By Paul Baiocchi
With all the talk about gold these days, it’s easy to forget about palladium.
Gold and silver seem to attract all the attention in this precious metals bull market, but the oft-overlooked ETFS Palladium ETF (NYSEArca: PALL) has been quietly moving higher as well.
In some ways, palladium is the Theodore Roosevelt to gold’s Franklin Delano Roosevelt. The less-publicized and underappreciated precious metal has been a rock star over the past month, slightly underperforming gold over that period.
Clearly, investors expecting another round of pushing on the string—or QE3, or whatever the Federal Reserve is calling it these days—were buying not just gold but palladium, and in droves.
For whatever reason, that has not led to any meaningful uptake in new PALL assets. In fact, the fund saw outflows of just under $1 million of its current $528 million asset tally in the past month even as price appreciation pumped up its total assets from $480 million in the past month. So investors were bidding up palladium, but not via the ETF wrapper.
The question is, Why not?
Part of it can be explained by the fund’s relatively high cost. PALL comes in at 0.60 percent, while SPDR Gold Shares (NYSEArca: GLD) and the iShares Gold Trust (NYSEArca: IAU) come in at 0.40 basis points and 25 basis points, respectively.
Also, PALL’s 16 basis point average spreads are 16 times wider than those carried by GLD, and more than double the spread of IAU. Even the iShares Silver Trust (NYSEArca: SLV), which has a 50 basis point expense ratio, is a cheaper round-trip option when you consider its 3-basis-point trading spreads.
But if you’re looking for long-term exposure to palladium and are able to spread the trading cost of PALL across many years, the round-trip cost isn’t nearly as onerous.
Moreover, if you are an institution looking to trade a creation unit’s worth of PALL or even making a block trade of 25,000 shares or more, you can, by working with a market maker, probably get good execution without paying a huge markup.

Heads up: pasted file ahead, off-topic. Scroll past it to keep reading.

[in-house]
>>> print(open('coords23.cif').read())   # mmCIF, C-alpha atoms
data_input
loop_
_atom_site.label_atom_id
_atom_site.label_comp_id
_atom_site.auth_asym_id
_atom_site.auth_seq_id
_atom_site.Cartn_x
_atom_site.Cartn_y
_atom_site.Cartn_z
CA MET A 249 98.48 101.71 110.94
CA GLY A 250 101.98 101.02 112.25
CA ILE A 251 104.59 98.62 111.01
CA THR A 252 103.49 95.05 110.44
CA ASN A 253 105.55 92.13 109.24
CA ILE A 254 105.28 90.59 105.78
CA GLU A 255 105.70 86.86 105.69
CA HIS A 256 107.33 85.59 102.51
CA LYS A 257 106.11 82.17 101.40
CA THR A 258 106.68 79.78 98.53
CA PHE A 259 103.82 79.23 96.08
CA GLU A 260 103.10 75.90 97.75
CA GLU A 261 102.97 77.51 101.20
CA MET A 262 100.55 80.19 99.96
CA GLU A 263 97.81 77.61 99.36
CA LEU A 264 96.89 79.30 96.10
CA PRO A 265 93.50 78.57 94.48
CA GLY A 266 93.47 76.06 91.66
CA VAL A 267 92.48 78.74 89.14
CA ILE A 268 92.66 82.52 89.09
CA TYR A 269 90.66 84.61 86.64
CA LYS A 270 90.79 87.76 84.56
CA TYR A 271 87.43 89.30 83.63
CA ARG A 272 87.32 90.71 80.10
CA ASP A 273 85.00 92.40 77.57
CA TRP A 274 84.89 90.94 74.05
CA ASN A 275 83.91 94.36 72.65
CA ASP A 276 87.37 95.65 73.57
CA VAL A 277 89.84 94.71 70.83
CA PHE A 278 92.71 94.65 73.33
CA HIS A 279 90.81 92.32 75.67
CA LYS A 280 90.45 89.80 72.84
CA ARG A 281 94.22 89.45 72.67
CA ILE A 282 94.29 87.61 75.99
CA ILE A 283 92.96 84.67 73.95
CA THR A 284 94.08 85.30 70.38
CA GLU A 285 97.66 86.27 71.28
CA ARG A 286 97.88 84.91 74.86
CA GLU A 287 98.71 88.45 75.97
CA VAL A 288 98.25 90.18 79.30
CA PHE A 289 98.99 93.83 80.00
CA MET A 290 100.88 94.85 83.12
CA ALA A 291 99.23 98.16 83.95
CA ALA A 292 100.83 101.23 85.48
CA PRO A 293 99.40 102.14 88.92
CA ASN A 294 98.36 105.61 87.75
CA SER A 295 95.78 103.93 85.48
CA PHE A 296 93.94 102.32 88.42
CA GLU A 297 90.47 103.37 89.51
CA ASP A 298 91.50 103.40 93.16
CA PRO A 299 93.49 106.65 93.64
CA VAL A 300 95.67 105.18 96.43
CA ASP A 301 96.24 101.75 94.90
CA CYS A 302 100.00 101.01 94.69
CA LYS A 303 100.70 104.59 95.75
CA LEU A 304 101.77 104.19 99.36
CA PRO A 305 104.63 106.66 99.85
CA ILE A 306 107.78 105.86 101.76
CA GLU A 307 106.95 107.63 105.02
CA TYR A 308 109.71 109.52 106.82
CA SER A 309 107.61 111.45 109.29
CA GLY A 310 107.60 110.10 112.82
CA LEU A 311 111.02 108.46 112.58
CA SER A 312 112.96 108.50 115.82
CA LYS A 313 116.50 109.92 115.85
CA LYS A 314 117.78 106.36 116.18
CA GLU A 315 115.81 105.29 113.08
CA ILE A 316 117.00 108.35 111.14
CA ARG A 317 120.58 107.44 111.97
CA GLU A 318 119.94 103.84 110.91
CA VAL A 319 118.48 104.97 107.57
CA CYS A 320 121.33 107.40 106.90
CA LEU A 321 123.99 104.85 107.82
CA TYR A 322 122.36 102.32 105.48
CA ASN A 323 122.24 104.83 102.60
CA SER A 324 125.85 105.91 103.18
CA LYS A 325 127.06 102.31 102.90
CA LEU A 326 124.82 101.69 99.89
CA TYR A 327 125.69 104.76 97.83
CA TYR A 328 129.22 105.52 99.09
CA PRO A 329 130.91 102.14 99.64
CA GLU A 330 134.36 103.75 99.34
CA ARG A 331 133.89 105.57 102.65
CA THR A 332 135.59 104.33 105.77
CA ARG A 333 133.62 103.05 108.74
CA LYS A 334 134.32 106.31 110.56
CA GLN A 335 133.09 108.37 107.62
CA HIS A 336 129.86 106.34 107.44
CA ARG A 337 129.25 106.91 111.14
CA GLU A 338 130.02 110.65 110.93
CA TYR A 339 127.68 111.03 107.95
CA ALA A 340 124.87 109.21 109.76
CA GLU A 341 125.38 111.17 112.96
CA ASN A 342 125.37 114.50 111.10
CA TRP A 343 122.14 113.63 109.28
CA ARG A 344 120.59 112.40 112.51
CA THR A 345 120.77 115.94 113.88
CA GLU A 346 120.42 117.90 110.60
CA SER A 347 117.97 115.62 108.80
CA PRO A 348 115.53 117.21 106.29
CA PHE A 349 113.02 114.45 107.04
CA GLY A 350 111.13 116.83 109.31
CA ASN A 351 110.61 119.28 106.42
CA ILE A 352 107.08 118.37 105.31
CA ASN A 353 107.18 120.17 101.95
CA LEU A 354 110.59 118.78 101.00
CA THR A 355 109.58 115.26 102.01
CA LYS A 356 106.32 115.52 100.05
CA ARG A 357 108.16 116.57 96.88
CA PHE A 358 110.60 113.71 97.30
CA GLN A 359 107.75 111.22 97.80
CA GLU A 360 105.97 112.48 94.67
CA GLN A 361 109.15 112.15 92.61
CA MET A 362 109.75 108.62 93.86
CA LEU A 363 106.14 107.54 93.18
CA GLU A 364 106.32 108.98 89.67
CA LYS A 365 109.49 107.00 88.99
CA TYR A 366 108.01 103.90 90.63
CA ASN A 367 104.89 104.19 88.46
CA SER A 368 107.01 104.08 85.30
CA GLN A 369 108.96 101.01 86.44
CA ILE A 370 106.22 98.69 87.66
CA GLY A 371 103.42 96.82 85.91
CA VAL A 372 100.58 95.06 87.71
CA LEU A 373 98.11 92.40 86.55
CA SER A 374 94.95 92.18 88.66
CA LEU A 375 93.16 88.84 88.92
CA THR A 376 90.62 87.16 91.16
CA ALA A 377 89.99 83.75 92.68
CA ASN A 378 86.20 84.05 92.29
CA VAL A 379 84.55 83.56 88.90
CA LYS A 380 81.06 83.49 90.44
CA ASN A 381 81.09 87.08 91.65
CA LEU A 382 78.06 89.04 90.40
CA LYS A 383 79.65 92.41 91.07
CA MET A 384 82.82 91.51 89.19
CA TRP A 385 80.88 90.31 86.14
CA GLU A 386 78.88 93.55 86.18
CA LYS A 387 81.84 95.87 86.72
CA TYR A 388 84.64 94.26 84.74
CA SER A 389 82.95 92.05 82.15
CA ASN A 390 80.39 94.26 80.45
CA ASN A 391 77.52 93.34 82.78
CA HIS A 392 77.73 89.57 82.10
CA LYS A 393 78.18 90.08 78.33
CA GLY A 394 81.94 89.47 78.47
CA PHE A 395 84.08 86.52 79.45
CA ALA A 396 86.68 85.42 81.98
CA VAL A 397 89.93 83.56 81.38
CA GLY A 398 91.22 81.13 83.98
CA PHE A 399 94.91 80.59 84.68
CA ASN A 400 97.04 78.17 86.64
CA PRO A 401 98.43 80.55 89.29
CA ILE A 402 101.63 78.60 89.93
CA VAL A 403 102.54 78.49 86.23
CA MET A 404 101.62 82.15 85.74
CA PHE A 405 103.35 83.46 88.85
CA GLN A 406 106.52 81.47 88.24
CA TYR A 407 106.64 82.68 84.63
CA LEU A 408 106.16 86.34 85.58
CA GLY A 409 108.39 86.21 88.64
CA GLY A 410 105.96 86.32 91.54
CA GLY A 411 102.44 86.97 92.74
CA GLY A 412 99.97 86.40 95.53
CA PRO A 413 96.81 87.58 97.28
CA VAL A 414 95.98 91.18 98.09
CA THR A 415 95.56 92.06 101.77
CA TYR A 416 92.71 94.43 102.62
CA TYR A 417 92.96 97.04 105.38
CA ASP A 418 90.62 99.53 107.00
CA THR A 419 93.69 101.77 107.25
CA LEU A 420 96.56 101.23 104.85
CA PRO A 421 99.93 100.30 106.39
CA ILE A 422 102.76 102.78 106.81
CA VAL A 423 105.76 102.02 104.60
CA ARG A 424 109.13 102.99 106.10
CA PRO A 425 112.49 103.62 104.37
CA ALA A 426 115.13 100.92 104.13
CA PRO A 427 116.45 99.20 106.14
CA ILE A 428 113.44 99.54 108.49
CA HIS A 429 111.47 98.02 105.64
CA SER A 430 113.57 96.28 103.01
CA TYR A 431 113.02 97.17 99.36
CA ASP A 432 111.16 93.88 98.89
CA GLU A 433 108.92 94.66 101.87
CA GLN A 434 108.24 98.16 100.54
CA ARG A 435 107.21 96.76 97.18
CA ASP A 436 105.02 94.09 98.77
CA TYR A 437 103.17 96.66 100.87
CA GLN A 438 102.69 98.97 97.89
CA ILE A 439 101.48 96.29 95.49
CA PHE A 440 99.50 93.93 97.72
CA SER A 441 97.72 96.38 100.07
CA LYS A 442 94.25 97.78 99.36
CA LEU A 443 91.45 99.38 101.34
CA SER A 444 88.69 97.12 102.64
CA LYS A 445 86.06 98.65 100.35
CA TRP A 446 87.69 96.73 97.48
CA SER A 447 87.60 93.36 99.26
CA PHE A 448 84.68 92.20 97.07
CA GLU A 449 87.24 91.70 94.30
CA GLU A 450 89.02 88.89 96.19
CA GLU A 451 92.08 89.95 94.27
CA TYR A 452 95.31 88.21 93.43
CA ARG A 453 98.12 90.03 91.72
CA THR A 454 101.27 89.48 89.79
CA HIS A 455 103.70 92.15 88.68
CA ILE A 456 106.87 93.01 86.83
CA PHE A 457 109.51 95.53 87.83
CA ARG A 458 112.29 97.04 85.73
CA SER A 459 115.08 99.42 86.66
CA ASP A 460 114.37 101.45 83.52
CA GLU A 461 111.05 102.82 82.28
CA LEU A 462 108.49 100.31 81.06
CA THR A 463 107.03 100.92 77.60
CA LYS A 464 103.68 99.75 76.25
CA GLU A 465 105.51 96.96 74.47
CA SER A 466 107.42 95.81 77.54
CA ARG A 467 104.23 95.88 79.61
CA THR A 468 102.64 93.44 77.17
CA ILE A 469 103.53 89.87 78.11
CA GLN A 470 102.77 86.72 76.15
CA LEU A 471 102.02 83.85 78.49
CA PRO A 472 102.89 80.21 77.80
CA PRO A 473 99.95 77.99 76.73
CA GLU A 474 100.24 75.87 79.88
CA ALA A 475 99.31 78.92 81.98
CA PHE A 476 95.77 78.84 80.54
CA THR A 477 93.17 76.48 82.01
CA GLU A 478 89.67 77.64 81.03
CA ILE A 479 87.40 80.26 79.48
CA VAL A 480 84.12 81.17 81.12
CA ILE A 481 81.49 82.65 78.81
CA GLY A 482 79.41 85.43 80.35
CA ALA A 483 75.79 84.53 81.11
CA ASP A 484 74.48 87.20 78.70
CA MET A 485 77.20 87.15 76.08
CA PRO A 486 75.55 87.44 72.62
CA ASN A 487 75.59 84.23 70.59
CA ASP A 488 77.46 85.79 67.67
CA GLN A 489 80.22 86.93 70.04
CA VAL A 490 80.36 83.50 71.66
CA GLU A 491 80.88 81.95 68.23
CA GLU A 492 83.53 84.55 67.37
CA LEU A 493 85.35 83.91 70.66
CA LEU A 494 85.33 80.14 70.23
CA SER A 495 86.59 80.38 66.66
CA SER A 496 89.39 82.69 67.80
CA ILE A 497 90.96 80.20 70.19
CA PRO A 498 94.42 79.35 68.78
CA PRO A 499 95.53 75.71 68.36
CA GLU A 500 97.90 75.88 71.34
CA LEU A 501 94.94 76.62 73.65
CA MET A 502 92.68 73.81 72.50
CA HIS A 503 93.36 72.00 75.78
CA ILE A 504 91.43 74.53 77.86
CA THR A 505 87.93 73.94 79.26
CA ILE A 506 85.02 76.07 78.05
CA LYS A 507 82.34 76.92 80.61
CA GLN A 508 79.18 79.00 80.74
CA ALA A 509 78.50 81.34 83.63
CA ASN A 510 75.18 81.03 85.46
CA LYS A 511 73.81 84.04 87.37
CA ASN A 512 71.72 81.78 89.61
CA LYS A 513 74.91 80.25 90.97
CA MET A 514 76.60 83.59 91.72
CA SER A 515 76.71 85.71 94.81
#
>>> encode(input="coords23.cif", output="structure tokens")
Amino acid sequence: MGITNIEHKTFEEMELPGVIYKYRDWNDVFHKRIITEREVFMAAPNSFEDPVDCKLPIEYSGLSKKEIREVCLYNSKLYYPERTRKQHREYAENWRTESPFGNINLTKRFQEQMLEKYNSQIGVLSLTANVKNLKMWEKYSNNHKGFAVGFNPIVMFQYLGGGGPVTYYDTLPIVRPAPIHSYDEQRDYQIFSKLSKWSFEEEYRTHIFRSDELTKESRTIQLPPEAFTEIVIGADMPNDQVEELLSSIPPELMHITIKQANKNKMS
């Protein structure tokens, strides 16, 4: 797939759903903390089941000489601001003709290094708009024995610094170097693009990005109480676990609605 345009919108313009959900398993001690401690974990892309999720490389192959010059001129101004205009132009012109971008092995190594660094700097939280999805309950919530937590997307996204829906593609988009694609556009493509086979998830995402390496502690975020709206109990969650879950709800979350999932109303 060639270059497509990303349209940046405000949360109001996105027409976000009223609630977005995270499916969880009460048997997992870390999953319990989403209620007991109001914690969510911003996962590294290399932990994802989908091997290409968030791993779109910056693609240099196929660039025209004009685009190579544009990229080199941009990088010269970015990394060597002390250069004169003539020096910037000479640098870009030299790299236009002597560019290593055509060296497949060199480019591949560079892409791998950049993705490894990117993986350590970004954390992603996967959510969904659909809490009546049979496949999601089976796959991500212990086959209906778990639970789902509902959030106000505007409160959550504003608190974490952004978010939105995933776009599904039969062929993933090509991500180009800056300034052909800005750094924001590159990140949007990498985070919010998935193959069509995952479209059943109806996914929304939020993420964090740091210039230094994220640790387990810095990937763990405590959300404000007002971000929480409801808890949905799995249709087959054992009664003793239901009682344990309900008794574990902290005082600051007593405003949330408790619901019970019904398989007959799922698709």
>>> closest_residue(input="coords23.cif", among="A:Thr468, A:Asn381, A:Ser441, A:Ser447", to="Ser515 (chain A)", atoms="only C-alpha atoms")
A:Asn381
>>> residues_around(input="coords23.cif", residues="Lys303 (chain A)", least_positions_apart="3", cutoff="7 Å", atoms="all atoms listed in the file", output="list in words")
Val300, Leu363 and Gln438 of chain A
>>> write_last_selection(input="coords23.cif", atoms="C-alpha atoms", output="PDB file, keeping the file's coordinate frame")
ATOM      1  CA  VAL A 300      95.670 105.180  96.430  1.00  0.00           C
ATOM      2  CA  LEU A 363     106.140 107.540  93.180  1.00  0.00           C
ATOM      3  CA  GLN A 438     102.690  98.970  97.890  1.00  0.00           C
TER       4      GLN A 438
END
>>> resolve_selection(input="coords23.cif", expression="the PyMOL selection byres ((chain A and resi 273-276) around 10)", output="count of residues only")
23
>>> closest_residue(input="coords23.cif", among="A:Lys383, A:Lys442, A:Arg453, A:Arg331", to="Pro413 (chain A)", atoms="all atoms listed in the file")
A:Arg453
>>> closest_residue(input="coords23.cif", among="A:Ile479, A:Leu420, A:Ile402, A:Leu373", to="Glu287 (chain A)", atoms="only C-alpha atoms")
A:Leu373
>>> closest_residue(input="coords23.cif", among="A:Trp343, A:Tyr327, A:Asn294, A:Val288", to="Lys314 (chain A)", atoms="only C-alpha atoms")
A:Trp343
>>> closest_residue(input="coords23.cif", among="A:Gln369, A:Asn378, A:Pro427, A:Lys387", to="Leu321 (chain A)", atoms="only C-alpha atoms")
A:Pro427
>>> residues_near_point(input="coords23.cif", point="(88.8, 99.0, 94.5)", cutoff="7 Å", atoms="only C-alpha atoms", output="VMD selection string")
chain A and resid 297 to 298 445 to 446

The bullish case for palladium also goes beyond monetary policy.
Those betting on global demand growth in addition to higher inflation will find palladium a worthwhile choice.
Half of the current production of palladium goes to catalytic converter fabrication, a key component in automobile manufacturing.
The expected pickup in demand for automobiles from the emerging markets of the world will continue to be a driving force in setting future palladium prices.
In fact, palladium is used in the manufacturing of nearly 25 percent of all goods. Those uses are wide-ranging, from consumer electronics to jewelry manufacturing—fittingly enough, as a replacement for gold!
And if you believe that the global economy is merely going through a lull, and that Fed Chairman Ben Bernanke’s efforts to fuel economic growth will lead to inflation, you get a double-headed monster of potential returns.
That’s not to say owning PALL is without risks.
If the global economy is entering a prolonged period of stagnation or recession, the demand for palladium is likely to suffer, putting downward pressure on prices.
Of course, economic theory holds that it is possible to have negative growth and inflation, an environment known as stagflation. It’s hard, if not impossible, to predict which of the competing market forces would win out: inflation or decreased demand.
Either way, if you believe, as I do, that Bernanke’s increasingly impotent attempts to spur economic growth via newfangled monetary policies will result in excess liquidity finding its way into the prices of real assets, palladium—and specifically PALL—is the option nobody seems to be talking about.
Disclaimer: At the time this article was written, the author held no positions in the securities mentioned.
[This article previously appeared on IndexUniverse.com and is republished here with permission.]